If your only experience with growing food is in your garden, on a small scale, you can be forgiven for thinking that farming is a low-tech endeavor. But like most other businesses, technology has an important place in large-scale farming, whether it’s for agricultural implements and machinery or used for monitoring and tracking data that can make a difference between profitability and breaking even.

“When you come into our product as a new farmer you can start clicking on your field and we already know the rain fall and crop history and what yield looks like for those fields. Agriculture really boils down to a science. It’s agronomy. And it can be optimized by applying data science.”

— Jesse Vollmar
FarmLogs founder

An ag tech startup believes it has some insights into the future of farming, and that by harnessing technology and data sets to help farmers make better decisions and keep track of their operations, farms can be more efficient and more profitable.

Knowing exactly how much acreage is under cultivation for which specific crops, how much rain has fallen (or is expected), what crops were planted when, what the commodity prices for those crops are, which crops performed better (and why), what farm tasks need to happen (and when), and keeping your eyes on a huge number of important variables in the field, are all key components of a successful farming operation.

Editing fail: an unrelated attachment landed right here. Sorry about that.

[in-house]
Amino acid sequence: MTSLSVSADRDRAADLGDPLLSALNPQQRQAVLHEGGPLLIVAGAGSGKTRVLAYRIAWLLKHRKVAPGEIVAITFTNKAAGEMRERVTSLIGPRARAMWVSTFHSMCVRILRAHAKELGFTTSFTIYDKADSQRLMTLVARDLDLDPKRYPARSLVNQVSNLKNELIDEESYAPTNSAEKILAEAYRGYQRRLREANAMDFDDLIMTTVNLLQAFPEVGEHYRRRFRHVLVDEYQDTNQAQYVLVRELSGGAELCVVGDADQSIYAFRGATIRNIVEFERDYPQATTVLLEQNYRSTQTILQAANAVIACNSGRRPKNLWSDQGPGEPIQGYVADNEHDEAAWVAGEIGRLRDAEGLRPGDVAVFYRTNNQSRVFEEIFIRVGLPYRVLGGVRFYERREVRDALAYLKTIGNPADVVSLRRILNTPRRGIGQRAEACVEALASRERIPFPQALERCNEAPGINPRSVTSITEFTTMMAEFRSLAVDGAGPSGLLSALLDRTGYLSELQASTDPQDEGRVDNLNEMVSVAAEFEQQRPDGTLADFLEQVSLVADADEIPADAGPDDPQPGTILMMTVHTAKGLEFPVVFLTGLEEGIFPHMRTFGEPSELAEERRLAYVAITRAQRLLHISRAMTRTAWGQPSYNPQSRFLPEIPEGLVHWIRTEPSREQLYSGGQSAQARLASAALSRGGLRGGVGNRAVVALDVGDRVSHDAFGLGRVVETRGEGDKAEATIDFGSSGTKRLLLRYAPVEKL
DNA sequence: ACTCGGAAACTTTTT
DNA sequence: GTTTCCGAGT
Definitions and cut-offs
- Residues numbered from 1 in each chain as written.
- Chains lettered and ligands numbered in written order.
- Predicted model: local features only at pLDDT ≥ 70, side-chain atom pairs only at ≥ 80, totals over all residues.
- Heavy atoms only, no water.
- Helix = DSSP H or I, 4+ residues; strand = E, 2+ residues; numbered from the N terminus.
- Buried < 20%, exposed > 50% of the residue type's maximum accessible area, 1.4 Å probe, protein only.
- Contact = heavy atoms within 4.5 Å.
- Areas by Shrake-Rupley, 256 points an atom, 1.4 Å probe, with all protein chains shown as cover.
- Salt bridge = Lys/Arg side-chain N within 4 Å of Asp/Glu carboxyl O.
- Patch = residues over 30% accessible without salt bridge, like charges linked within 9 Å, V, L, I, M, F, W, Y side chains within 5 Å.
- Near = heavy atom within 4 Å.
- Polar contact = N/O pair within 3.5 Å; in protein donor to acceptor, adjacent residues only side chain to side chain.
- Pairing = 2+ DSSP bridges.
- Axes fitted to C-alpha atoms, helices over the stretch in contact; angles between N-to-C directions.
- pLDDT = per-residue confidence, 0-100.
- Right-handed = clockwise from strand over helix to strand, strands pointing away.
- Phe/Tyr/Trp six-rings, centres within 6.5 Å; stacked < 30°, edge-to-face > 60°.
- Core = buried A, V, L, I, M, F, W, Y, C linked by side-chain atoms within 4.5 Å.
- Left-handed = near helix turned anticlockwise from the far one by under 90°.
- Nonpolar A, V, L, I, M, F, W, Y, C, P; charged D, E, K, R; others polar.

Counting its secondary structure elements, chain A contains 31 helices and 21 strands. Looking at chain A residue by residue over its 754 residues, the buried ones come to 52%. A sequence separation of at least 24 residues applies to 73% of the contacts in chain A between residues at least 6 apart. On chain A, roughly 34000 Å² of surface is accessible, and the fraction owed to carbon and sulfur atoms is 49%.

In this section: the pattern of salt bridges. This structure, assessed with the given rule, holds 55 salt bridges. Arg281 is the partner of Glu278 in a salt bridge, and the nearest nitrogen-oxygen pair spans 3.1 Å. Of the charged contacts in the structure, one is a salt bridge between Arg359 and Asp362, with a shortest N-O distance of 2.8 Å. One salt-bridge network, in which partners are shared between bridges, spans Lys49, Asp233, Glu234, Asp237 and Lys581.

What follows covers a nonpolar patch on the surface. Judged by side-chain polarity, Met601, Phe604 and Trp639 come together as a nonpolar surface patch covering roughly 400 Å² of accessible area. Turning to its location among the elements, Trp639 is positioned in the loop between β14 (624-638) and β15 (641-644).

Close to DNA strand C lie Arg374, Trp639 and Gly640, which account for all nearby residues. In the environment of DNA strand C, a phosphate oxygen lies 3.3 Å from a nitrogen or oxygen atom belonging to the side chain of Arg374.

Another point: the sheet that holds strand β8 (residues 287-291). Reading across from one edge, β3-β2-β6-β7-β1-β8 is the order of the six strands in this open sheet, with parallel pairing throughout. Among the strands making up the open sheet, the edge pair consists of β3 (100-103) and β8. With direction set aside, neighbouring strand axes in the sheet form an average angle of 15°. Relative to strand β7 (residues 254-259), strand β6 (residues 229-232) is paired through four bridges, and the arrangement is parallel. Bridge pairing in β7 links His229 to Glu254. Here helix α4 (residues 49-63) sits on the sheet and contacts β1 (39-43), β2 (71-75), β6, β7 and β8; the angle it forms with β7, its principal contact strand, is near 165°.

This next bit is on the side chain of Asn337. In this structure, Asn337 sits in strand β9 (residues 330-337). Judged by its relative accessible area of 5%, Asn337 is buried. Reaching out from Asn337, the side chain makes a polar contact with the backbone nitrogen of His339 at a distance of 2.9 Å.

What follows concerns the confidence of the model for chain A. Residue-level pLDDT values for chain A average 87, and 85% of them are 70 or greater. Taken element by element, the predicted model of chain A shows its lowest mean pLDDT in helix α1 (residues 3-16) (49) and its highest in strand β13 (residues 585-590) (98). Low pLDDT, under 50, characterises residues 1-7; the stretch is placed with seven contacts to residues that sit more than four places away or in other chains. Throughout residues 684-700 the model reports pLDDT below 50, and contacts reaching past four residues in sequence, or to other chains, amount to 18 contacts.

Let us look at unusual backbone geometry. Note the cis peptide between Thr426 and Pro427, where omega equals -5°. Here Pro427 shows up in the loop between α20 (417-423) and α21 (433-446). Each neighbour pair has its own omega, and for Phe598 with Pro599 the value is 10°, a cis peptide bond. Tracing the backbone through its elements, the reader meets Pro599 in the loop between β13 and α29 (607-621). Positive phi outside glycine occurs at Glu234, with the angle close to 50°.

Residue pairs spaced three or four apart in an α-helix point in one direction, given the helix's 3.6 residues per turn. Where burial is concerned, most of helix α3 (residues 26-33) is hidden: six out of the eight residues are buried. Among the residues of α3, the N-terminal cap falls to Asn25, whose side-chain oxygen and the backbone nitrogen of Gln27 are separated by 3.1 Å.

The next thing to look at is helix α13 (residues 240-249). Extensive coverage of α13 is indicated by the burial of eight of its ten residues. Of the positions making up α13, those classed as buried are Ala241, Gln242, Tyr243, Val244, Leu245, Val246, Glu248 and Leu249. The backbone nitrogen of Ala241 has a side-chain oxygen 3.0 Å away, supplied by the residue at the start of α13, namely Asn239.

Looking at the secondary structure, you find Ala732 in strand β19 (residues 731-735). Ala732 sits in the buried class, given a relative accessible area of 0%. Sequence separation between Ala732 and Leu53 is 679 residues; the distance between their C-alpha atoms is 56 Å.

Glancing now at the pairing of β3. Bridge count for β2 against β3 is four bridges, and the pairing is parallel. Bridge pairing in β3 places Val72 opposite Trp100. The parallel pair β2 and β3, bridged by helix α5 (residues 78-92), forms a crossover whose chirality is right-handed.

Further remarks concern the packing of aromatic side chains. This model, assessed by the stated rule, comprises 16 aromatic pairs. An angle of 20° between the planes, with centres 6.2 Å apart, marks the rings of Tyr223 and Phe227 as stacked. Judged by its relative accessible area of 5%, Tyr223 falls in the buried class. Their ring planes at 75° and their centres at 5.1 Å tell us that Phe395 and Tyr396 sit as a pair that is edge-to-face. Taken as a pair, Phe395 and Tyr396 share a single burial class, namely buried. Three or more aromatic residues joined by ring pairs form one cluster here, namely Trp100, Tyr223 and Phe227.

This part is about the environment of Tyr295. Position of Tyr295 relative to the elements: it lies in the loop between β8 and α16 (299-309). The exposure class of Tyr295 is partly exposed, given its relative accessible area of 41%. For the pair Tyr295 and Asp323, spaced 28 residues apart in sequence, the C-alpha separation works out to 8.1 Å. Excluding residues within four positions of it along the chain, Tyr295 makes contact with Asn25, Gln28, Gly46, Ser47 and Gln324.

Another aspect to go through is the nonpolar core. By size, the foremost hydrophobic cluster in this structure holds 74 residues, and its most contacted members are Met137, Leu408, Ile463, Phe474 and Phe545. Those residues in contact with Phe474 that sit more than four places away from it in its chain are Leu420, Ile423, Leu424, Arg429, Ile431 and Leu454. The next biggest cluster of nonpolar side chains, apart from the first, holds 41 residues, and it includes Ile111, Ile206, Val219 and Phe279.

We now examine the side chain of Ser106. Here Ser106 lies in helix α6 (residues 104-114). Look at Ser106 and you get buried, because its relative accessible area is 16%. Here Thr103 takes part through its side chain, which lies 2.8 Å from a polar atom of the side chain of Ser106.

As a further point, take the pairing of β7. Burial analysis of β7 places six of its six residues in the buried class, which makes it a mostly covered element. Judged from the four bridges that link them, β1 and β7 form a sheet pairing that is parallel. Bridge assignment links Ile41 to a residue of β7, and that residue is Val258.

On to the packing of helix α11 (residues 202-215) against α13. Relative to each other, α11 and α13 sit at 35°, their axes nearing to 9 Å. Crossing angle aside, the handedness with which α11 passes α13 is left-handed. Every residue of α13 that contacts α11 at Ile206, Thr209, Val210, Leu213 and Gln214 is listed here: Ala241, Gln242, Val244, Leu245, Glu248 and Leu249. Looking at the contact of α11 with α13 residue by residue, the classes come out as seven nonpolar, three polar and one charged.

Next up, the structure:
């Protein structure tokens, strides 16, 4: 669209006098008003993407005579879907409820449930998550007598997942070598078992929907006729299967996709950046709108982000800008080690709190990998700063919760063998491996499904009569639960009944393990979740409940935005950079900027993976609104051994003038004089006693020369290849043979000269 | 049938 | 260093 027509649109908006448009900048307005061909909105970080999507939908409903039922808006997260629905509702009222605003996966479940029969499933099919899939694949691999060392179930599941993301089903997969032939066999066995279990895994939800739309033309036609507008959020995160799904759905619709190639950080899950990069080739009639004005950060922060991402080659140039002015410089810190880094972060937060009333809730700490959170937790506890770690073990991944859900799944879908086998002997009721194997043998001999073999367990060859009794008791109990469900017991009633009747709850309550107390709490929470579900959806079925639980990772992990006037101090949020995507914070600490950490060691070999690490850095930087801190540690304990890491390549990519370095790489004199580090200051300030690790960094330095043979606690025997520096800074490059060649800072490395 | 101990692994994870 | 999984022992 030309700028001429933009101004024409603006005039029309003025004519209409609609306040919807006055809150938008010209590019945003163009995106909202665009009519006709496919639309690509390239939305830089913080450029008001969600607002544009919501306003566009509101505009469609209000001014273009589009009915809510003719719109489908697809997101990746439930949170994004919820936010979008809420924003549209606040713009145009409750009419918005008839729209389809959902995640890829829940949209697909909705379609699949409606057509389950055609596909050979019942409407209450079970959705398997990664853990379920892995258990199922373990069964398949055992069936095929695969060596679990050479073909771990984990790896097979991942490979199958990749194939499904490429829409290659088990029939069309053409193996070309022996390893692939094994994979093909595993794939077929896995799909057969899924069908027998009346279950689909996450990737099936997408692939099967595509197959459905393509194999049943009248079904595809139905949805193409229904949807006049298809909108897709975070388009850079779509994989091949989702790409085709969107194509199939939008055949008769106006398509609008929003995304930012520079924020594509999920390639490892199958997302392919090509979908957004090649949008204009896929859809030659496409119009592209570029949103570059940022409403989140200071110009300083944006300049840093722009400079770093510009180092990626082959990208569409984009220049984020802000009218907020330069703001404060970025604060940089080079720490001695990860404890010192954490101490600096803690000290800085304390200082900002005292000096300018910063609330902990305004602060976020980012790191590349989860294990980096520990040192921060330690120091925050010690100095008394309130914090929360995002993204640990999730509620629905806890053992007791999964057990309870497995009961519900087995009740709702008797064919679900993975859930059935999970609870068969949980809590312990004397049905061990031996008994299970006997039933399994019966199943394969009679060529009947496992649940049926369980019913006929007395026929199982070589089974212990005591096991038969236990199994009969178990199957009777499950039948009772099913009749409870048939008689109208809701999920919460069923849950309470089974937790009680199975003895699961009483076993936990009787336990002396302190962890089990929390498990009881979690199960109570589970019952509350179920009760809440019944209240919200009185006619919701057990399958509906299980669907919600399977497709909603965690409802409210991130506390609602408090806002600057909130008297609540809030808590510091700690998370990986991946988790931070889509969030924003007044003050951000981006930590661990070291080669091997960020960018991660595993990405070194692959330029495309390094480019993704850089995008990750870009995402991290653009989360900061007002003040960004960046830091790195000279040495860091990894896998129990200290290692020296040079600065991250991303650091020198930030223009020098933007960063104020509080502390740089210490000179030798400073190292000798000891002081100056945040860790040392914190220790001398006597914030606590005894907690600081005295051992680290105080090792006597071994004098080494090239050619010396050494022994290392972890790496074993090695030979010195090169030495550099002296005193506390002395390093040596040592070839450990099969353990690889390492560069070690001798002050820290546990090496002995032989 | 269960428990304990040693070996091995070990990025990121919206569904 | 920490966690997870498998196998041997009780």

By putting technology to work to keep track of the data that can make or break a farmer, the FarmLogs data platform could be a powerful tool for not only record-keeping and forecasting, but also for improving on-farm and in-the-field efficiency, and may end up being the most important farming implement in the barn.

The FarmLogs farm management software is cloud-based, with an online dashboard, but also has mobile apps that allow farmers to input (and access) their data while actually in the field, potentially saving both time and money. According to Modern Farmer, this innovative ag software “simplifies almost every aspect of running a farm: budgeting for the season, scheduling and monitoring work on far-flung fields, finding market commodity prices, and reminding farmers when to bring their tractors in for service.”

FarmLogs is only two years old, but has already attracted $4 million in investor financing, and is used by 5% of row farmers in the US, as well as being adopted by farmers in 130 countries around the world.

We caught up with Jesse Vollmar in 2013 to talk about FarmLogs and the ISOBlue open source data management project.